Can AP's Copyright Claims Hold (Melt)water?

By now you might have heard about the lawsuit that the Associated Press filed against on-demand software company Meltwater News. AP has been critical of aggregators in the past, and decided to file suit against this specific party, alleging copyright infringement, removal of copyright management information, and (drumroll, please…) hot news misappropriation. Yes indeed, the tort made famous by the 1918 Supreme Court case INS v. AP – and about which we here just love to write – refuses to die.

Meltwater News, according to the company's website, allows users to subscribe to a service whereby Meltwater will continually search its corpus of 160,000 cached websites for references to particular keywords (presumably, keywords central to the client's business) and provide excerpts from articles using those keywords, along with a link to the original articles. The service also allows the user to create his or her own newsletters by combining these links with text written by the user. I've been thinking of it as a hybrid of Google Alerts, Wordpress, and Constant Contact, merged into one interface.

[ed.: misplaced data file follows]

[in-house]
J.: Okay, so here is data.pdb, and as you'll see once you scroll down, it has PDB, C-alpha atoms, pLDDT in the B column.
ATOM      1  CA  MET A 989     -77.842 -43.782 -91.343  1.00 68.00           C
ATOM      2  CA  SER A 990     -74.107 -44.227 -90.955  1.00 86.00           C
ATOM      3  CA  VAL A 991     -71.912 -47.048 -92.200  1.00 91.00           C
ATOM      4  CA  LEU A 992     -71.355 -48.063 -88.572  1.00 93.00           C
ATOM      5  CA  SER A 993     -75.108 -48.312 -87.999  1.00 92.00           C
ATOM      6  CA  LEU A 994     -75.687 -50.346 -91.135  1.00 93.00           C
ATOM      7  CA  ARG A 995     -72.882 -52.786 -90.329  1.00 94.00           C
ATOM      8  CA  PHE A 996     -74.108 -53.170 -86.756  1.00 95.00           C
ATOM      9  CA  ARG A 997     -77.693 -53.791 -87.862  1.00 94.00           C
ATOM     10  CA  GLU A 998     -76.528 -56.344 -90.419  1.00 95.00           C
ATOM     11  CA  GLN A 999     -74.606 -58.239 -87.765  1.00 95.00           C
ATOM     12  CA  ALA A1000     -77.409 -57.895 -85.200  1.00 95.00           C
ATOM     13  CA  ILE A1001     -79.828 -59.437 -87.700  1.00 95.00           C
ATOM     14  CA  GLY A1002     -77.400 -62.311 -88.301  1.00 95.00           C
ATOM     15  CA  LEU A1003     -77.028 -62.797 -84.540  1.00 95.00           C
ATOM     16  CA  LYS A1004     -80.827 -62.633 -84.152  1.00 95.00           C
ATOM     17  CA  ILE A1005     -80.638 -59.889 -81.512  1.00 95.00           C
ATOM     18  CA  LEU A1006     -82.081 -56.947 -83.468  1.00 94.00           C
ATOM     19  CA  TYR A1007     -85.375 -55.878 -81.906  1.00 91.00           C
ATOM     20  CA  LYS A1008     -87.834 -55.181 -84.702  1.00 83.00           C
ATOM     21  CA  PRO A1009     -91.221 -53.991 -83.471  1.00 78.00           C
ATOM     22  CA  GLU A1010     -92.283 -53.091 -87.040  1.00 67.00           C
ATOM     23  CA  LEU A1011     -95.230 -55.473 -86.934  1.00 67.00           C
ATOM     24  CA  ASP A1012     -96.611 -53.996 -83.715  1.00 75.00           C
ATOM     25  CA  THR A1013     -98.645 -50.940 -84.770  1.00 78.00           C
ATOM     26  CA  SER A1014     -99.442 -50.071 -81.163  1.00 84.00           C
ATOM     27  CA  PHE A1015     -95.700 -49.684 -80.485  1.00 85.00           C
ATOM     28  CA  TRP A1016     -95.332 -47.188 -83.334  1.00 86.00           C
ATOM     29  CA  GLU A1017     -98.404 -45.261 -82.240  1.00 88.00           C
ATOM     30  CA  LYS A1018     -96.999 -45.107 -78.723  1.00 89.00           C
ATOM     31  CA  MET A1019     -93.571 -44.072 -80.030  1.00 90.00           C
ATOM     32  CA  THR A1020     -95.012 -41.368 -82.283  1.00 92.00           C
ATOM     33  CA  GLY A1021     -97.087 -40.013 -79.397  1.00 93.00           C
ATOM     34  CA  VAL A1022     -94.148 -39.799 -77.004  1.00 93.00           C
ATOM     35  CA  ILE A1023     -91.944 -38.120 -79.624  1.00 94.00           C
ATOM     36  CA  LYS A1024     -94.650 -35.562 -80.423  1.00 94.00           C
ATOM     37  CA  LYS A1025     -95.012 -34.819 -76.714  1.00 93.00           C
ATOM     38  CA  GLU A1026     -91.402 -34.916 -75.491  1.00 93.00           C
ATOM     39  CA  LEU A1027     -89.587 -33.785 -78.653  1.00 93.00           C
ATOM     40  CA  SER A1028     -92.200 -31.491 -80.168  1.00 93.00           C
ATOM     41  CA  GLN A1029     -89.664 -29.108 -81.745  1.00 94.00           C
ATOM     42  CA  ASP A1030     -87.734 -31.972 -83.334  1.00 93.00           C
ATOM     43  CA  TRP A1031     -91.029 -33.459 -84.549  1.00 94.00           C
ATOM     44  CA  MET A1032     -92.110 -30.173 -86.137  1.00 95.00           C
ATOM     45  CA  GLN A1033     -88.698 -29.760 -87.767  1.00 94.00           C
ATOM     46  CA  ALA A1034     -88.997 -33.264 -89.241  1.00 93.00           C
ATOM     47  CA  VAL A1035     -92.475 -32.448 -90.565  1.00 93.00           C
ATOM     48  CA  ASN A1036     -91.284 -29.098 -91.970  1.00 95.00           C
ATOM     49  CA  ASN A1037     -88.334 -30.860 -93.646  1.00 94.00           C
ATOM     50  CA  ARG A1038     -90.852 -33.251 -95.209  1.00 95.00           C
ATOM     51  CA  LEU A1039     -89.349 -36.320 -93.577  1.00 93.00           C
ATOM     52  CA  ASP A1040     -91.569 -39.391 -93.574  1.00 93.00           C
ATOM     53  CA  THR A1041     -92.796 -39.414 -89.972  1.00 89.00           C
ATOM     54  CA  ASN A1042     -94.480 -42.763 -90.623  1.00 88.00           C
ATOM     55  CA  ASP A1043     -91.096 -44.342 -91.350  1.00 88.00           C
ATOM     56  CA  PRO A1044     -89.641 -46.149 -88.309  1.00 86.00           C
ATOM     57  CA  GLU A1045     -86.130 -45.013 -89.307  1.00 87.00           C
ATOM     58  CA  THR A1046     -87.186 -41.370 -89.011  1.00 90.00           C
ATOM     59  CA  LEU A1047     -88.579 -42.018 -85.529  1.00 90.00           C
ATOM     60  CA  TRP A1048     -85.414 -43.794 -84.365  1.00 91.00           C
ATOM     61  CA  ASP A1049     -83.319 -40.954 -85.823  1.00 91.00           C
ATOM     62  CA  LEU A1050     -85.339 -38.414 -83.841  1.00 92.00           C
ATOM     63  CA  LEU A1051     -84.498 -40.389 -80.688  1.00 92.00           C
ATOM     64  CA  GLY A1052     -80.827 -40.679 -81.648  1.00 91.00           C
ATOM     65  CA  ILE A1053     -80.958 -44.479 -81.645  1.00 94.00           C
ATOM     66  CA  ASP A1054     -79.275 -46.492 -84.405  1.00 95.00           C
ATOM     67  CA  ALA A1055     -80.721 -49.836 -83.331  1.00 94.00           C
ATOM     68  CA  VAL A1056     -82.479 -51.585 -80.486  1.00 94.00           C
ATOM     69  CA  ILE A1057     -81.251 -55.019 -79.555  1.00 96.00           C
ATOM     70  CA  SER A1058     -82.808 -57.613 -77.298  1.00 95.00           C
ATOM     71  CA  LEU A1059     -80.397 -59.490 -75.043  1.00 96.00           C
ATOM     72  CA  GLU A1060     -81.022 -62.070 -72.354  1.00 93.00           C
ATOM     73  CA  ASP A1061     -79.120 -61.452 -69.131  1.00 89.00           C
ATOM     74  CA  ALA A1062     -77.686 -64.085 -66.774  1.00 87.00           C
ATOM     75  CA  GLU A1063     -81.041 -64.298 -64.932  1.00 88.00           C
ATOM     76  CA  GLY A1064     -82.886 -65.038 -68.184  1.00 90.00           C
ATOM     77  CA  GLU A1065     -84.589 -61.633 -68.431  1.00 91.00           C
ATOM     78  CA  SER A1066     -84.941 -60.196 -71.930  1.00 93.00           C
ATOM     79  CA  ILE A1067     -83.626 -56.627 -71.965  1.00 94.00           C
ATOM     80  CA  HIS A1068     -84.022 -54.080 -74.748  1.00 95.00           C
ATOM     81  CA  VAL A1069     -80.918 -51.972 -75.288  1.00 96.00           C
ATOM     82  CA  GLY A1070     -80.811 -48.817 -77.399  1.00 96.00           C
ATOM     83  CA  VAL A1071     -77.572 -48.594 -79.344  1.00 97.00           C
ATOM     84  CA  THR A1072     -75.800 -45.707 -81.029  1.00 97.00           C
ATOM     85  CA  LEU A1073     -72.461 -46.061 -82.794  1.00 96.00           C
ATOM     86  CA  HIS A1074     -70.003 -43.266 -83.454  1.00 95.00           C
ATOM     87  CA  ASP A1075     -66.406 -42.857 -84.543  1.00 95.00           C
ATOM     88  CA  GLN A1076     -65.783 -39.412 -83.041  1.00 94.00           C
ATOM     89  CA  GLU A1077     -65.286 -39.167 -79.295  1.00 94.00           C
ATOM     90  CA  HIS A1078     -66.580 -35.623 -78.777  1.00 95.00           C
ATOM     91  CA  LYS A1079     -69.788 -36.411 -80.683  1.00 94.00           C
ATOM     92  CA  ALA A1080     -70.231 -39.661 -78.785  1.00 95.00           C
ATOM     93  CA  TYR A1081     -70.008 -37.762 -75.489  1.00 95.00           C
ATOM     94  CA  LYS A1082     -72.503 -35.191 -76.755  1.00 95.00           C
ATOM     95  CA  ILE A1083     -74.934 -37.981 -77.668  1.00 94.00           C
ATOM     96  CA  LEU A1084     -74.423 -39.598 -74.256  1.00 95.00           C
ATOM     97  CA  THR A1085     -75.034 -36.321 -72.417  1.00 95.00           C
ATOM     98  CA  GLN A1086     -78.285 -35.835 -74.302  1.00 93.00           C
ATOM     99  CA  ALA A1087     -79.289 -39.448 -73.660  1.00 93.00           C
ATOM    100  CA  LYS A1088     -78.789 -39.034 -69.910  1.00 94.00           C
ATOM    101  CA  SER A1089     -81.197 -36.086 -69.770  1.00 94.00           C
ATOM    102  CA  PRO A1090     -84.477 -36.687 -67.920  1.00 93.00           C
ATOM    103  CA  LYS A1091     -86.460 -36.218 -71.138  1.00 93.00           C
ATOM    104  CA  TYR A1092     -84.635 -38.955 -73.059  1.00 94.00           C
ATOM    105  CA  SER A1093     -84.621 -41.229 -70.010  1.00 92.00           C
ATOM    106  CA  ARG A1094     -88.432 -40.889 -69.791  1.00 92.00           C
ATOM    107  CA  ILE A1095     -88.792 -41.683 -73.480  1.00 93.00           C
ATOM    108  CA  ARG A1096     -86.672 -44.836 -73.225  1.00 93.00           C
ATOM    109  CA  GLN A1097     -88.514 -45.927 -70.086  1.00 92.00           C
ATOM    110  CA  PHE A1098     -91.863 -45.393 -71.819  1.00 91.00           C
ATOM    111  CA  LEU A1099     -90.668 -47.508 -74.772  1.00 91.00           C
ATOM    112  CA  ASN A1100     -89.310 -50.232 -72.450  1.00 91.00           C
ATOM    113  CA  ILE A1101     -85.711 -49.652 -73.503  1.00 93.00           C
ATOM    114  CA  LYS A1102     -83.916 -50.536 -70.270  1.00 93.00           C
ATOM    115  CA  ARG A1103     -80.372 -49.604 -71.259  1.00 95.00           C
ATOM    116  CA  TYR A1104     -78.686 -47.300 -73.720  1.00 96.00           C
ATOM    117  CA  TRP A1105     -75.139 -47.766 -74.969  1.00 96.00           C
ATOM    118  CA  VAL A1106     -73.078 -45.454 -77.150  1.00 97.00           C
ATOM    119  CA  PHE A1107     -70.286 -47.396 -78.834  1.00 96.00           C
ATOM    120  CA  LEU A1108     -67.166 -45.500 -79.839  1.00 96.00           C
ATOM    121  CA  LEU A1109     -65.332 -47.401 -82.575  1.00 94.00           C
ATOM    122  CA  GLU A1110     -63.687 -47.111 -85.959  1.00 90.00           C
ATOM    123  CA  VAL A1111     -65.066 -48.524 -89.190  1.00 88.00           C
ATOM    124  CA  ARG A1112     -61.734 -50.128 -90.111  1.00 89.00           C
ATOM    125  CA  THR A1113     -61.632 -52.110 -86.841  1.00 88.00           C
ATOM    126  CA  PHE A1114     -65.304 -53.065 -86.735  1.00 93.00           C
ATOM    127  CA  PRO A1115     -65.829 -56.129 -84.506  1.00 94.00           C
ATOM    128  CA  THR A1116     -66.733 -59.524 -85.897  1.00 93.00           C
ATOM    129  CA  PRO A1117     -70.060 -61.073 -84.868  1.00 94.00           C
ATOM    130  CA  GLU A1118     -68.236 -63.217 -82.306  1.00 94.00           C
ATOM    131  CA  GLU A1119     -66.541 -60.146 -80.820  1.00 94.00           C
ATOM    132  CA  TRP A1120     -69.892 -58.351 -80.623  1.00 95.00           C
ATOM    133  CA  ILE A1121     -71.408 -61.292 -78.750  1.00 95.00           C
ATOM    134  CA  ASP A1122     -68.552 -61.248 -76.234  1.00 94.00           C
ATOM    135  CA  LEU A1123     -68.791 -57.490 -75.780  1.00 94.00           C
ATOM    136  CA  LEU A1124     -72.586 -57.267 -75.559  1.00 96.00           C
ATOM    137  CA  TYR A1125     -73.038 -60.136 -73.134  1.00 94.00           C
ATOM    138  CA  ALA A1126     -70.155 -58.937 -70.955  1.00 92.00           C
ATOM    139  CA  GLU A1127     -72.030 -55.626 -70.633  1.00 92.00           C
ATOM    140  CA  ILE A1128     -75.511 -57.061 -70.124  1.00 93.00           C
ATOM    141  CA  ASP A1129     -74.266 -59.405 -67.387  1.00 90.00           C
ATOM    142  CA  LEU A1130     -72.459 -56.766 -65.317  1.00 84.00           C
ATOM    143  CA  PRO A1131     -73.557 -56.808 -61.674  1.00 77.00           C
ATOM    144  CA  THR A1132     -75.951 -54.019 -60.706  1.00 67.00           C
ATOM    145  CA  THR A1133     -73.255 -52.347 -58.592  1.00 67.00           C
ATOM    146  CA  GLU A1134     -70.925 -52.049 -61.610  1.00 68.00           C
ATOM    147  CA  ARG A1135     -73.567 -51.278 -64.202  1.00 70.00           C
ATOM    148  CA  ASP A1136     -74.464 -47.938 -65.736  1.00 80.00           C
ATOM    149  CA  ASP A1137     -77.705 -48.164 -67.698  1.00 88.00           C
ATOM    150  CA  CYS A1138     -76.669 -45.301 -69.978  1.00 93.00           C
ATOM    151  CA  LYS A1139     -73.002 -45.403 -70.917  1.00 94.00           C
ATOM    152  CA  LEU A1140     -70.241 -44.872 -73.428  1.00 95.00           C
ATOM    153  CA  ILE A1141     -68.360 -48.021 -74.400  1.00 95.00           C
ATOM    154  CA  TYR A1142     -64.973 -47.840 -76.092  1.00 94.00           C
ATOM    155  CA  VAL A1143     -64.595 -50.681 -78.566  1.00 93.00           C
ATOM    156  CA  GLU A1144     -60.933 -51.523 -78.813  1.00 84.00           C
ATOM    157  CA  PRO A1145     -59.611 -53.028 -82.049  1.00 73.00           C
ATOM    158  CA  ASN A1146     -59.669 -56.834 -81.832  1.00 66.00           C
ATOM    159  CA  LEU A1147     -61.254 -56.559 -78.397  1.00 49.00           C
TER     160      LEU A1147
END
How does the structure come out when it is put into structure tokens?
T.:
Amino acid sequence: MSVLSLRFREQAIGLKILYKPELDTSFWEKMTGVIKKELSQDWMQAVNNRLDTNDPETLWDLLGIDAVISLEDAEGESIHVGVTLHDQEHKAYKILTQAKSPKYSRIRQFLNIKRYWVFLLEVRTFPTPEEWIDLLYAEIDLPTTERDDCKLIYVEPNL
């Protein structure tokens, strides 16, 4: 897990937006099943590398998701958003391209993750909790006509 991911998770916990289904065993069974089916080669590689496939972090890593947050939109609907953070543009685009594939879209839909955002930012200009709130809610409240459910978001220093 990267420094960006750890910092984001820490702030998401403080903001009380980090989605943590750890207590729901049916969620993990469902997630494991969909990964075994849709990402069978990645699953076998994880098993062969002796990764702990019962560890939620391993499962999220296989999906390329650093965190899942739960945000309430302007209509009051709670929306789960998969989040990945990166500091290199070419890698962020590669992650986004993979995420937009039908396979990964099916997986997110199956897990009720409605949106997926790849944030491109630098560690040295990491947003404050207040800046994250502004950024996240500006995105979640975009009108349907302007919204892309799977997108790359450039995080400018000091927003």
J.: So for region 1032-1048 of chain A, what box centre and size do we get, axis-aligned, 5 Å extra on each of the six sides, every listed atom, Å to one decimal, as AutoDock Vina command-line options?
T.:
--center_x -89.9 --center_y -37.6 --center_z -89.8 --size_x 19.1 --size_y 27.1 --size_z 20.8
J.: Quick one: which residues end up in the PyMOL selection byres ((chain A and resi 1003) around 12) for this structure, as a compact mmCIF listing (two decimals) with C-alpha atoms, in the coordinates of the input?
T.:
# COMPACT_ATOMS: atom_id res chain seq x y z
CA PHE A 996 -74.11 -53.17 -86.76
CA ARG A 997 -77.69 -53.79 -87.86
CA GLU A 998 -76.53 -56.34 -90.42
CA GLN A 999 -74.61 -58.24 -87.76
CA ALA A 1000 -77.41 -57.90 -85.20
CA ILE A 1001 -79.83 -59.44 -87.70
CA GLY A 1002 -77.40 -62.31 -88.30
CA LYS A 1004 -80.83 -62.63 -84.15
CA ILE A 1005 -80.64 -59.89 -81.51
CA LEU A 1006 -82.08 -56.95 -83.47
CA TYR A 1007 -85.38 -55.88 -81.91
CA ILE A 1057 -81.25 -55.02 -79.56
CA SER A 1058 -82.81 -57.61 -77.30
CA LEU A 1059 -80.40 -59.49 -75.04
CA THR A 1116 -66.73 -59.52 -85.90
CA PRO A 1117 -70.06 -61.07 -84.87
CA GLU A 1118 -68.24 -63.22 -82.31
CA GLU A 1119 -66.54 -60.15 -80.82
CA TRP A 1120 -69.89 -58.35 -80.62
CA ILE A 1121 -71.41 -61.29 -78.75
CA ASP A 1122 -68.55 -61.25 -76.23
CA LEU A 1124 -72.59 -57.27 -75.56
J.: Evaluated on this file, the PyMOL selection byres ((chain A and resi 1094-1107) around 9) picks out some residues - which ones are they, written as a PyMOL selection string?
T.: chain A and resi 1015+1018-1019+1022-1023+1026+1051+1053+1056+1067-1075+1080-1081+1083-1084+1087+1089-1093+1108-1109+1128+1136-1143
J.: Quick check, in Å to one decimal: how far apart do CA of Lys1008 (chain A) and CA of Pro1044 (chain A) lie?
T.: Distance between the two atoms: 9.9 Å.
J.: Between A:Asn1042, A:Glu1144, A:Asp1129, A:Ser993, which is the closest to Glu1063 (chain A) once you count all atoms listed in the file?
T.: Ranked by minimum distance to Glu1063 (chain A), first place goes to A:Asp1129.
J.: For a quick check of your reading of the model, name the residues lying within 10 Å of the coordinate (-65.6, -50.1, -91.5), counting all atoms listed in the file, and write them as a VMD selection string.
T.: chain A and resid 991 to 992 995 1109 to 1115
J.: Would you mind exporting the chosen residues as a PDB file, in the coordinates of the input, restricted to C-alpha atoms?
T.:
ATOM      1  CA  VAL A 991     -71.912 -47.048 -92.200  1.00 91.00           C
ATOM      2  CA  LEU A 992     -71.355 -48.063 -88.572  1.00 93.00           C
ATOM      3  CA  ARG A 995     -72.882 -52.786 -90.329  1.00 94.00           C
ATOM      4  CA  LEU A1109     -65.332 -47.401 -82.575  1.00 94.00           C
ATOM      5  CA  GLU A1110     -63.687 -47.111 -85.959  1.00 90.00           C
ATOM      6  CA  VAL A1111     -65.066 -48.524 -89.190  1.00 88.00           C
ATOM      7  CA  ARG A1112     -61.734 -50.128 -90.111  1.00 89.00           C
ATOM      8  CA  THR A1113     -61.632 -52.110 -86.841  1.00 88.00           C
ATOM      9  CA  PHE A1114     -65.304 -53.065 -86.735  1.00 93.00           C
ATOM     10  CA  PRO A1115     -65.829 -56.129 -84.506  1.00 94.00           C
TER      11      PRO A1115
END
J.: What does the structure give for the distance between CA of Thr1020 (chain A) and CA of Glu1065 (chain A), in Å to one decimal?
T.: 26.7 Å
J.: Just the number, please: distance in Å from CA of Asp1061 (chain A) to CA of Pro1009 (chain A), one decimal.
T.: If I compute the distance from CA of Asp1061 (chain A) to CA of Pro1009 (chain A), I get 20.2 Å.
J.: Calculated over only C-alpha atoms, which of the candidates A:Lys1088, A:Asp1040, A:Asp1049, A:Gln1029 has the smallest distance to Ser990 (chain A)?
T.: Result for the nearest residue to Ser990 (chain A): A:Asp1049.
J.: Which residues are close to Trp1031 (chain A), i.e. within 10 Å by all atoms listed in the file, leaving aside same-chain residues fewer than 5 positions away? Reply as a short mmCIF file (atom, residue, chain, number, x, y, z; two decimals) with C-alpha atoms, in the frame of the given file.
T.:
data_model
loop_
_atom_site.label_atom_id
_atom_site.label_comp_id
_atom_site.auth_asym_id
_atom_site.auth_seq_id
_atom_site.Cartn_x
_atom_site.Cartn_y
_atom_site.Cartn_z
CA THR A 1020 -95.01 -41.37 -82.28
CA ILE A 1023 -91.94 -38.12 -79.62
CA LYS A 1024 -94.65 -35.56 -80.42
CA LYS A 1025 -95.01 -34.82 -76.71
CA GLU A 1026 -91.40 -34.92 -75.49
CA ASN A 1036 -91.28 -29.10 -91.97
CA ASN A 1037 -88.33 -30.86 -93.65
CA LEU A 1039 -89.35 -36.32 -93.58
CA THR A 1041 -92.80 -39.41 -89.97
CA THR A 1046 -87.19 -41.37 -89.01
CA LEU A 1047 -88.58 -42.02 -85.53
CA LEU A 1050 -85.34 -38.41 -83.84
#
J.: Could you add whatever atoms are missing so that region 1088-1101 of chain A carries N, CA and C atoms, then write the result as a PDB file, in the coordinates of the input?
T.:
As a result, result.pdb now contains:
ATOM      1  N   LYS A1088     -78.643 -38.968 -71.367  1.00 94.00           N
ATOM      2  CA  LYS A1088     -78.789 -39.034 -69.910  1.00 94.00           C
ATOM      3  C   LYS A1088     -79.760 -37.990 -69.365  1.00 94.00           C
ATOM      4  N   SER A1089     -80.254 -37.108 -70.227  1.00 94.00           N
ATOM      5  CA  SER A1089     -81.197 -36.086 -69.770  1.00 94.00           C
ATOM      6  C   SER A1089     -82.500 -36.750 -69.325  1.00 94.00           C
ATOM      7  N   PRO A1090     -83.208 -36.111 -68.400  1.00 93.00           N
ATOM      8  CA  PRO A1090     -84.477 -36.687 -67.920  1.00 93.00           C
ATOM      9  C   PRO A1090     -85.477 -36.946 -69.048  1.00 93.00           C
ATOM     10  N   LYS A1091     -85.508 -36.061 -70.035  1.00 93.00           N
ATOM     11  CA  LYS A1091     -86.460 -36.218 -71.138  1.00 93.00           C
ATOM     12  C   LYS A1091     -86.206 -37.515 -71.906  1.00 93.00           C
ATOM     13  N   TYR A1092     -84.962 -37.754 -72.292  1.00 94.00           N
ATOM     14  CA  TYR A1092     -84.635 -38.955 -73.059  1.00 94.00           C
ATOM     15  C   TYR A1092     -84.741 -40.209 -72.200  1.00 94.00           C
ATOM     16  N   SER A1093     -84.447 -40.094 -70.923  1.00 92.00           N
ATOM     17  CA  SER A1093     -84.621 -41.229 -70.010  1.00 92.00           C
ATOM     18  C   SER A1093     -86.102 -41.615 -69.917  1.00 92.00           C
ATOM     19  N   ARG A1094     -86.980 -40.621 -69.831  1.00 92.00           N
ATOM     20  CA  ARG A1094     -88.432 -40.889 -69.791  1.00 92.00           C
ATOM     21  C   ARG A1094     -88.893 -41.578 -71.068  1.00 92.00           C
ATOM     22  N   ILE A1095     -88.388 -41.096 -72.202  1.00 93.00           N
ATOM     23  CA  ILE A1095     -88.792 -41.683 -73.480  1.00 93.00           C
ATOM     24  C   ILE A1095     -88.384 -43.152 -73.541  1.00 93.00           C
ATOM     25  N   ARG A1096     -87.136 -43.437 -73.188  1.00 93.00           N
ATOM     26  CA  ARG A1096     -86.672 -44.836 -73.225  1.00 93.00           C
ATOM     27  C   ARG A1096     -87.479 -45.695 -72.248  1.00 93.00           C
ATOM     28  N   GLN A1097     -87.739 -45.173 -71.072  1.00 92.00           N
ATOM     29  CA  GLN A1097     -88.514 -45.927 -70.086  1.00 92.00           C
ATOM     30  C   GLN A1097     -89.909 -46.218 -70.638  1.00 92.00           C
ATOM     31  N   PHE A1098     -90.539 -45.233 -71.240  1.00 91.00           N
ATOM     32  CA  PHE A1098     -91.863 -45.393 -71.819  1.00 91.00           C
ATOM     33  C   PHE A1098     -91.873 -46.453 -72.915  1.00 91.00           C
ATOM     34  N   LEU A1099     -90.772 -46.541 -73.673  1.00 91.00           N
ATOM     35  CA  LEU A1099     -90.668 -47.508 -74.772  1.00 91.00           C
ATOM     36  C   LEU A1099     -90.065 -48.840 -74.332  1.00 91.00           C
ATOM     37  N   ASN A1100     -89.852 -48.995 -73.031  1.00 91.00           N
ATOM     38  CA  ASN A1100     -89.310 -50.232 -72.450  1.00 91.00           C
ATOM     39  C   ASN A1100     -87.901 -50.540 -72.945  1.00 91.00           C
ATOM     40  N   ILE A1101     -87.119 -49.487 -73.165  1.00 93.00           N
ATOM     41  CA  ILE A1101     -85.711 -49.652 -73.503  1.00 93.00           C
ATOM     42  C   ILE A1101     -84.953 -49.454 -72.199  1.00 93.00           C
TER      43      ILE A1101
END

I would love to address all of the issues raised by the complaint – the claims for removal of copyright management information under 17 U.S.C. § 1202(b) and "hot news" misappropriation under New York common law are fascinating and deserve blog posts of their own – but for the sake of keeping this post under 10,000 words I will focus on the claims of copyright infringement.

As a quick refresher: Copyright gives authors of creative works the exclusive right to, among other things, reproduce, distribute, and create derivative works of their writings, subject to a variety of carve-outs and limitations. The most important limitation for this case is the doctrine of fair use. Fair use is an equitable defense which allows a judge to decide based on the facts before the court that the interests of the public would be better served if a copyright owner is not allowed to assert exclusive control of a work. Following the adoption of the fair use doctrine in 17 U.S.C. § 107, courts tend to examine a list of four factors, but the two most important for our purposes are the first and last, which are: